For a moment, Fen merely stood in disbelief, feeling her heartbeat pounding in her hands as she clutched her staff. Had she done it? Was Dagoth Ur gone without her even having to approach the Heart?
But no. To her left, there came a sudden loud grating, and an iron shell peeled back to reveal a door that had not been there before. It stopped halfway, leaving the path to the door clear. Fen slowly returned the staff to her back, crossing the cavern to stand before the portal. She reached out, resting one hand on the door. It was carved with an intricate drawing of the Numidium, surrounded by Dwemer text. This had to be the Heart Chamber, the place where the Daedra had hidden Lorkhan’s heart thousands of years ago.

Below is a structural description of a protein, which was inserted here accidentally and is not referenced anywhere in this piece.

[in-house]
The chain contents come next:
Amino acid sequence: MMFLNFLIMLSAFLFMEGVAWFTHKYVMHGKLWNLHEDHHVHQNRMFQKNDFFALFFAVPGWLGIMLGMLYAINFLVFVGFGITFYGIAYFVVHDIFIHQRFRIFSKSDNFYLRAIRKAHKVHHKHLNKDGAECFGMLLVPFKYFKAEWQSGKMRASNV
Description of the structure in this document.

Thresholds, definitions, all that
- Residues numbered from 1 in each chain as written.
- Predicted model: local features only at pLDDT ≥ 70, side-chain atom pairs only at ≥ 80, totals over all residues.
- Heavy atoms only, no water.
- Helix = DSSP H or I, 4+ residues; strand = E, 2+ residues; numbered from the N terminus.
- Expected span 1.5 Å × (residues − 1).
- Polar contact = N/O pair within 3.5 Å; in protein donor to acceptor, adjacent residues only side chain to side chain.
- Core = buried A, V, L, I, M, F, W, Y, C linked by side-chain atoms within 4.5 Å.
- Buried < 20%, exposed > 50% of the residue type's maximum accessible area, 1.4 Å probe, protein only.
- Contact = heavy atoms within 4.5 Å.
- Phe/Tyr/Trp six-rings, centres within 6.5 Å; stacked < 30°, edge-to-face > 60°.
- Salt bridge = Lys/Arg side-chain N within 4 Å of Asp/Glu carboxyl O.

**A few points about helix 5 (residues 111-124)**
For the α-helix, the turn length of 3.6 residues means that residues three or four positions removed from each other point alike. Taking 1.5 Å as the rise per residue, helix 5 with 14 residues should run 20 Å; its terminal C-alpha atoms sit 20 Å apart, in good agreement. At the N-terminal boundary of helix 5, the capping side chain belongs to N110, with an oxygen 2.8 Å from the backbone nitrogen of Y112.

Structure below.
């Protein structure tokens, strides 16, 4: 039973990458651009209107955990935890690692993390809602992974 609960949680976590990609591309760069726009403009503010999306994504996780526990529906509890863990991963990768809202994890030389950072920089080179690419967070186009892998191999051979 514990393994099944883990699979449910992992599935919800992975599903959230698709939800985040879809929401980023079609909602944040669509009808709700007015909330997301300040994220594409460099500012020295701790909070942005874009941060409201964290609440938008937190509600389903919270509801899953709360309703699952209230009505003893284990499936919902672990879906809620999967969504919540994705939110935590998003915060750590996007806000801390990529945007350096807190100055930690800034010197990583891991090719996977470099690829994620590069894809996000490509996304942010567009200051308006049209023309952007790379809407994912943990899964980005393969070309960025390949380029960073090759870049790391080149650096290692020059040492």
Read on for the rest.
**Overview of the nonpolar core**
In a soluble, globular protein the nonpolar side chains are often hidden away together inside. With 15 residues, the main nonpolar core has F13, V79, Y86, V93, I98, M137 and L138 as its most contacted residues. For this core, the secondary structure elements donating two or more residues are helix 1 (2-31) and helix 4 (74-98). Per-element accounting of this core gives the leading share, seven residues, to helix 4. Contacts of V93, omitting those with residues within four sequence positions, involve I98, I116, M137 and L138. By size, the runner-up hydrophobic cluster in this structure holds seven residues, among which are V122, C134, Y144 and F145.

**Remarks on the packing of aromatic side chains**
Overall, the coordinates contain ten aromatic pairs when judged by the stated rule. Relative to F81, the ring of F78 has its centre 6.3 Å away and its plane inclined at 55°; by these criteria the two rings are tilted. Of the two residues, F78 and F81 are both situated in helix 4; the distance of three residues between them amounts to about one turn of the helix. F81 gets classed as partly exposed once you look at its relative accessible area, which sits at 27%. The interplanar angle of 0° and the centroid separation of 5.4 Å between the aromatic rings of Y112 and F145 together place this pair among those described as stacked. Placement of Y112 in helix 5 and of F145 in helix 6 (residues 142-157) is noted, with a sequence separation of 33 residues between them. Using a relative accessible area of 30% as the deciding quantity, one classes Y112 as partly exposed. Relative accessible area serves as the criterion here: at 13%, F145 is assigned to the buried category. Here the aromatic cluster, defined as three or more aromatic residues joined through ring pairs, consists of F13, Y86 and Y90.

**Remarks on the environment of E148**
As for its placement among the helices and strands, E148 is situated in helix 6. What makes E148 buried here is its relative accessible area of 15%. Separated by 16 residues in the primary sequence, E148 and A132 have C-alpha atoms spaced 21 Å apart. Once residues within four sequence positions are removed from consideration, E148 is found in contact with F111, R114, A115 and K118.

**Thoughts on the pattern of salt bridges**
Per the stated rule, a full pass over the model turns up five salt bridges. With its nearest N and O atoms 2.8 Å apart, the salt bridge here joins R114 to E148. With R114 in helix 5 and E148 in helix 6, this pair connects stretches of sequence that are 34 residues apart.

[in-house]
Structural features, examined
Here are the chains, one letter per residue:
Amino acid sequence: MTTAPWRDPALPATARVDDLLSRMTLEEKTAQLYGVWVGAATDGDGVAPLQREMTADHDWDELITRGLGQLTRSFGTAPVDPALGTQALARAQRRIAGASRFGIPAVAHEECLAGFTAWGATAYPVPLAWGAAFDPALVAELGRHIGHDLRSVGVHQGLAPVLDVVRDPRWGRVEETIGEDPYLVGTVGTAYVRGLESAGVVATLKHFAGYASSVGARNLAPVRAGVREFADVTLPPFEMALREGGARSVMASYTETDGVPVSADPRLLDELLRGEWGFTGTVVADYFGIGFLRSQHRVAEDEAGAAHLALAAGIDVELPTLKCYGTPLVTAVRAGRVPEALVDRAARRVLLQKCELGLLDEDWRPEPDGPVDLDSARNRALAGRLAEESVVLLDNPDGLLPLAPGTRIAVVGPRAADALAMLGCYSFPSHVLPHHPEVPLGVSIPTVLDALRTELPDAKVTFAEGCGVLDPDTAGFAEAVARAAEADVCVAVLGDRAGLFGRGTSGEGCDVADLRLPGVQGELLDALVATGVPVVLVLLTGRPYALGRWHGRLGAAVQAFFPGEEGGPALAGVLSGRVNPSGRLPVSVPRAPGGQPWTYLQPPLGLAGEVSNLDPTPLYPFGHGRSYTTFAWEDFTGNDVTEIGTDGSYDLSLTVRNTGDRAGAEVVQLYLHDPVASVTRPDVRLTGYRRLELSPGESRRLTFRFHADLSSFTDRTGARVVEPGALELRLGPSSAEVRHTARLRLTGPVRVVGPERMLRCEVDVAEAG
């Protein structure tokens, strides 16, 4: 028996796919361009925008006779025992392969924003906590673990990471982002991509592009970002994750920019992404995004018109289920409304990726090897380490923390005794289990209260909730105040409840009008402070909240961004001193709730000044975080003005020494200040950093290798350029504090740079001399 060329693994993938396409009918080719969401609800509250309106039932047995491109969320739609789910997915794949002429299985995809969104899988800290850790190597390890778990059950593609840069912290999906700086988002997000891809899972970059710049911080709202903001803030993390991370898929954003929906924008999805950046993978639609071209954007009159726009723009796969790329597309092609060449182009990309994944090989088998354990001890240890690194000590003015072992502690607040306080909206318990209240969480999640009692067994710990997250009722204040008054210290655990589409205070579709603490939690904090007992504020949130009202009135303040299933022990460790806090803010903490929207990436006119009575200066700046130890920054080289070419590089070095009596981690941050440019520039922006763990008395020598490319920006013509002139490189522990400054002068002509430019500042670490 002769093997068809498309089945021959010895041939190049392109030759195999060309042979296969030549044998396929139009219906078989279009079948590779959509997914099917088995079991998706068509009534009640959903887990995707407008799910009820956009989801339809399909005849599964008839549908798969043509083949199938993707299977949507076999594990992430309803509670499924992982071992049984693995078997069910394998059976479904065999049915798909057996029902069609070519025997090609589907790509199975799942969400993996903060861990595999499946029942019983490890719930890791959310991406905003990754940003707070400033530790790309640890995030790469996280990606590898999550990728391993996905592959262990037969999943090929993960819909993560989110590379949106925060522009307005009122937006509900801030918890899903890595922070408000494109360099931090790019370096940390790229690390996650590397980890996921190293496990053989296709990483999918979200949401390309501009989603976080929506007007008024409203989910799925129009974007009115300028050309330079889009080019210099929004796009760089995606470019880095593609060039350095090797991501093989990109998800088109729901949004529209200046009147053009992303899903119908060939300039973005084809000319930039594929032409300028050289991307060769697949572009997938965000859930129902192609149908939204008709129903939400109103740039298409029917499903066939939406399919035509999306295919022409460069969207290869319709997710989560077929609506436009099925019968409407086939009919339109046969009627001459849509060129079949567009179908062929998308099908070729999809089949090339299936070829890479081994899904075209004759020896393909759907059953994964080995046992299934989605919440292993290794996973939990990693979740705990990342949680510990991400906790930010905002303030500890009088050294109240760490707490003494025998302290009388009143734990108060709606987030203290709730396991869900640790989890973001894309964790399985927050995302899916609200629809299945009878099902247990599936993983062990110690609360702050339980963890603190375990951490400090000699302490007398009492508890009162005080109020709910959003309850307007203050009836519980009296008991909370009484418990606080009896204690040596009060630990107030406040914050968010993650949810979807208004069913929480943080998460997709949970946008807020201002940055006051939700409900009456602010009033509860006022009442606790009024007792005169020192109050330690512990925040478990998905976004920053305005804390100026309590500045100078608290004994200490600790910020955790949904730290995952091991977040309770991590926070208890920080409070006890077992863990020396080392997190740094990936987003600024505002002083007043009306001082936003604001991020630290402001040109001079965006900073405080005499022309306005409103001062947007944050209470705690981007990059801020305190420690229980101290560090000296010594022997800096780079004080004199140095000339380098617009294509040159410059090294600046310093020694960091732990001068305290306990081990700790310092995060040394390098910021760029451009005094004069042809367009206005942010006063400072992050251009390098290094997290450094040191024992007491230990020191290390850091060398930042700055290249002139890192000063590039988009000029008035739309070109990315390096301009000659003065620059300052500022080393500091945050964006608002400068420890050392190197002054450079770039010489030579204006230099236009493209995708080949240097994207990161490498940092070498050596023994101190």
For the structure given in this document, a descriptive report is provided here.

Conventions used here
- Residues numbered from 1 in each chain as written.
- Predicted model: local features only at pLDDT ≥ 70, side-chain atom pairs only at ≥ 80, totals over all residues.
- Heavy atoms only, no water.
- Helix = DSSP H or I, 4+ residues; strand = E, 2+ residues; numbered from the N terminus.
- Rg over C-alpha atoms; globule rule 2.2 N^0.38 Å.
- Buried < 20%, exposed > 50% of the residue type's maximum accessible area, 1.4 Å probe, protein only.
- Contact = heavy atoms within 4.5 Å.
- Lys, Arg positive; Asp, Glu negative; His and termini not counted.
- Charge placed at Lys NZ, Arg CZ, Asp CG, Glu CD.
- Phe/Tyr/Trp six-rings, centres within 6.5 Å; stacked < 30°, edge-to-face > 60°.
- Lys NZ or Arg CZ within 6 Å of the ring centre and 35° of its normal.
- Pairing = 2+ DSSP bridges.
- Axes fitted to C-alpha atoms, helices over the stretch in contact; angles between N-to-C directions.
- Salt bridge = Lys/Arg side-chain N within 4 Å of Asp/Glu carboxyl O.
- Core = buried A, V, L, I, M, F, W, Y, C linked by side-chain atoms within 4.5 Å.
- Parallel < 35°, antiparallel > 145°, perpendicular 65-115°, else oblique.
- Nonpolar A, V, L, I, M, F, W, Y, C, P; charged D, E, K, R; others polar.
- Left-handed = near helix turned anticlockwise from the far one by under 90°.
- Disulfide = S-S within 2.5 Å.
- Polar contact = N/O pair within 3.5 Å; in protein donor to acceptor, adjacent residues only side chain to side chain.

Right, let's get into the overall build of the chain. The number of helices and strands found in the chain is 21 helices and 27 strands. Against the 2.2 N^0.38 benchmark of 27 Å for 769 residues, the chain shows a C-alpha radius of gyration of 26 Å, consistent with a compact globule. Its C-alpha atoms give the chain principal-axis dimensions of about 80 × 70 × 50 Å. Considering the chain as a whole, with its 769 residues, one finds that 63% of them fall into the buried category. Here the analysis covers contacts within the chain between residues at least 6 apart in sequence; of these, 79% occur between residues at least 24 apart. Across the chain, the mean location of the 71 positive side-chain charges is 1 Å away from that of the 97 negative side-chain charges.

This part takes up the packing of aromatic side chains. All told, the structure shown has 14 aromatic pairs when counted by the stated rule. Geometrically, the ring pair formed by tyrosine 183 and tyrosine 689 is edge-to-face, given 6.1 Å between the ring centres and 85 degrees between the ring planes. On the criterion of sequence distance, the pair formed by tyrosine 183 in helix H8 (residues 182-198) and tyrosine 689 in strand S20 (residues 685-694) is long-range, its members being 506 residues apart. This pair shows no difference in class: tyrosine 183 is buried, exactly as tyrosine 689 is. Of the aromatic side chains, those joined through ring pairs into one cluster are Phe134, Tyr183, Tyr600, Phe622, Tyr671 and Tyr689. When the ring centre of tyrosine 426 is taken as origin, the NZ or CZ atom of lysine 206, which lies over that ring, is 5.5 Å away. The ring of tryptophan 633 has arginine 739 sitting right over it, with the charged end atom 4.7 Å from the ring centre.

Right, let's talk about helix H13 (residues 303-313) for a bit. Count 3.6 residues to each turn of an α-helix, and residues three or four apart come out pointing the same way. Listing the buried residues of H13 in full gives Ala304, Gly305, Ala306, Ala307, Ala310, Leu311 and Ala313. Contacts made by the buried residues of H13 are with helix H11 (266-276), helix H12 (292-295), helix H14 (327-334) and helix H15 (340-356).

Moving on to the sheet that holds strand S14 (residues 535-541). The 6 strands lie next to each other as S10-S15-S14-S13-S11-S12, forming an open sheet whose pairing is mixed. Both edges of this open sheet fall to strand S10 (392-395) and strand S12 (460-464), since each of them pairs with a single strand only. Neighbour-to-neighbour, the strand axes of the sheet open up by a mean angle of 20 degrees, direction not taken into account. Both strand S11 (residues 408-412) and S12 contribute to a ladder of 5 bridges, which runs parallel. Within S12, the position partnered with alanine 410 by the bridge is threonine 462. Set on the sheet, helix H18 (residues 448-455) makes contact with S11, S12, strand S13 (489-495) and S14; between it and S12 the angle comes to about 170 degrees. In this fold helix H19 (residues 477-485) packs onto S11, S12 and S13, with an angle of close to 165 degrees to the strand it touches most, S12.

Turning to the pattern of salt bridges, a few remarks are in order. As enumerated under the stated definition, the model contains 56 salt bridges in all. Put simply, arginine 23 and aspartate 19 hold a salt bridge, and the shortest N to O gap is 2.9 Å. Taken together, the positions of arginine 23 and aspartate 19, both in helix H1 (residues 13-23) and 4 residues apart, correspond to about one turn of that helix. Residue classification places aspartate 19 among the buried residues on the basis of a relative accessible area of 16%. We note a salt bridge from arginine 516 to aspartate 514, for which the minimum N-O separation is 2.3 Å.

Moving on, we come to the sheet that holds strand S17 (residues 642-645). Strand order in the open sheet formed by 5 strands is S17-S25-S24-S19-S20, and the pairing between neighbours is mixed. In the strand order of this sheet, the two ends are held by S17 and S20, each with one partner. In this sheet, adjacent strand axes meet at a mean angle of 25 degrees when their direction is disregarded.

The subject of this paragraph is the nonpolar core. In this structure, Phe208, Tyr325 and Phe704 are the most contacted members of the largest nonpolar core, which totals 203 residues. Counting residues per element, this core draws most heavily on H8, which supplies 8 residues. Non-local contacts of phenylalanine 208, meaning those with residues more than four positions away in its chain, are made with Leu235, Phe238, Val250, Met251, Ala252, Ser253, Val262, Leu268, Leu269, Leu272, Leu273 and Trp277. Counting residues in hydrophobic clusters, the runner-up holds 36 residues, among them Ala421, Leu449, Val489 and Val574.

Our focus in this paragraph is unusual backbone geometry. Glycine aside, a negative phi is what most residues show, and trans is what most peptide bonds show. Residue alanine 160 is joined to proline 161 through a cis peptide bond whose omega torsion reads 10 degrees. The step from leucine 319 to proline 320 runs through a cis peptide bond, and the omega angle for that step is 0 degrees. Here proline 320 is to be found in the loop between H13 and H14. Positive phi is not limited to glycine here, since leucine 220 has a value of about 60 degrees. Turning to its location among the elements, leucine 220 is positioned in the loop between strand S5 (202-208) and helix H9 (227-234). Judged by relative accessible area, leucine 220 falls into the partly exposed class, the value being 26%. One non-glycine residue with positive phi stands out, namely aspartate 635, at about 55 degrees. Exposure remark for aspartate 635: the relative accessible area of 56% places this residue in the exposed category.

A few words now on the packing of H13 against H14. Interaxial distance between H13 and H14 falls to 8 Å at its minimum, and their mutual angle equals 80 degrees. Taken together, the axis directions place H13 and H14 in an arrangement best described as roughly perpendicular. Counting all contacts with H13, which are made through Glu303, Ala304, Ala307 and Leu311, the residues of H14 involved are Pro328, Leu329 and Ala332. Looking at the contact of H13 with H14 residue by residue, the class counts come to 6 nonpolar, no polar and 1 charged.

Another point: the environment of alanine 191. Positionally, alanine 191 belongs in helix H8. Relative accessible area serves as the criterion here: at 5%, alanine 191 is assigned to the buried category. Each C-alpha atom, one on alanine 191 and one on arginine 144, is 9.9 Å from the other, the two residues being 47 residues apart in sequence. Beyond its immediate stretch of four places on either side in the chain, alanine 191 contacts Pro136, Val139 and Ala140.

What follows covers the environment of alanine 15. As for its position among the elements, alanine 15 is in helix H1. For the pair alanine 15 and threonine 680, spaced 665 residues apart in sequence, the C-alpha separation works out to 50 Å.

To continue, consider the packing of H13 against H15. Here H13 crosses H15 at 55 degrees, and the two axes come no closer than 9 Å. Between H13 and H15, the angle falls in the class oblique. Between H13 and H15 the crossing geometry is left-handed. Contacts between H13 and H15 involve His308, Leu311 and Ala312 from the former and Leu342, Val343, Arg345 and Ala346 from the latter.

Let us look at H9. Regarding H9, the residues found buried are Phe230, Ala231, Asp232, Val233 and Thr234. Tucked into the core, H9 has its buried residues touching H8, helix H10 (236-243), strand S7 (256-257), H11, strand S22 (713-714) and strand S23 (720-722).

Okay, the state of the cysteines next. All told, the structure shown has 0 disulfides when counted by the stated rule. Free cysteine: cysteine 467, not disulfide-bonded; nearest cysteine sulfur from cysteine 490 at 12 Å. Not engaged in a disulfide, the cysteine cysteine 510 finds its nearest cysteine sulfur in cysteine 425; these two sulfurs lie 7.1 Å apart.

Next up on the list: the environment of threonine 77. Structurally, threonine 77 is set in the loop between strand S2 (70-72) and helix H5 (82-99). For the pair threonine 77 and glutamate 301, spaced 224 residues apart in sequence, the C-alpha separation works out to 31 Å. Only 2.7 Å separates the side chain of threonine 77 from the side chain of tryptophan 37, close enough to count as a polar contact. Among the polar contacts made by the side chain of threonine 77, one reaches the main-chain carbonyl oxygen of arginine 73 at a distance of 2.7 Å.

The place where every moment of her life had been taking her.
It was here.


  1. Did you make all of this story yourself? how nice! :D

  2. Well, the plot and some of the dialogue are from the game, but I've written the story of my character around that. I'm glad you're enjoying it!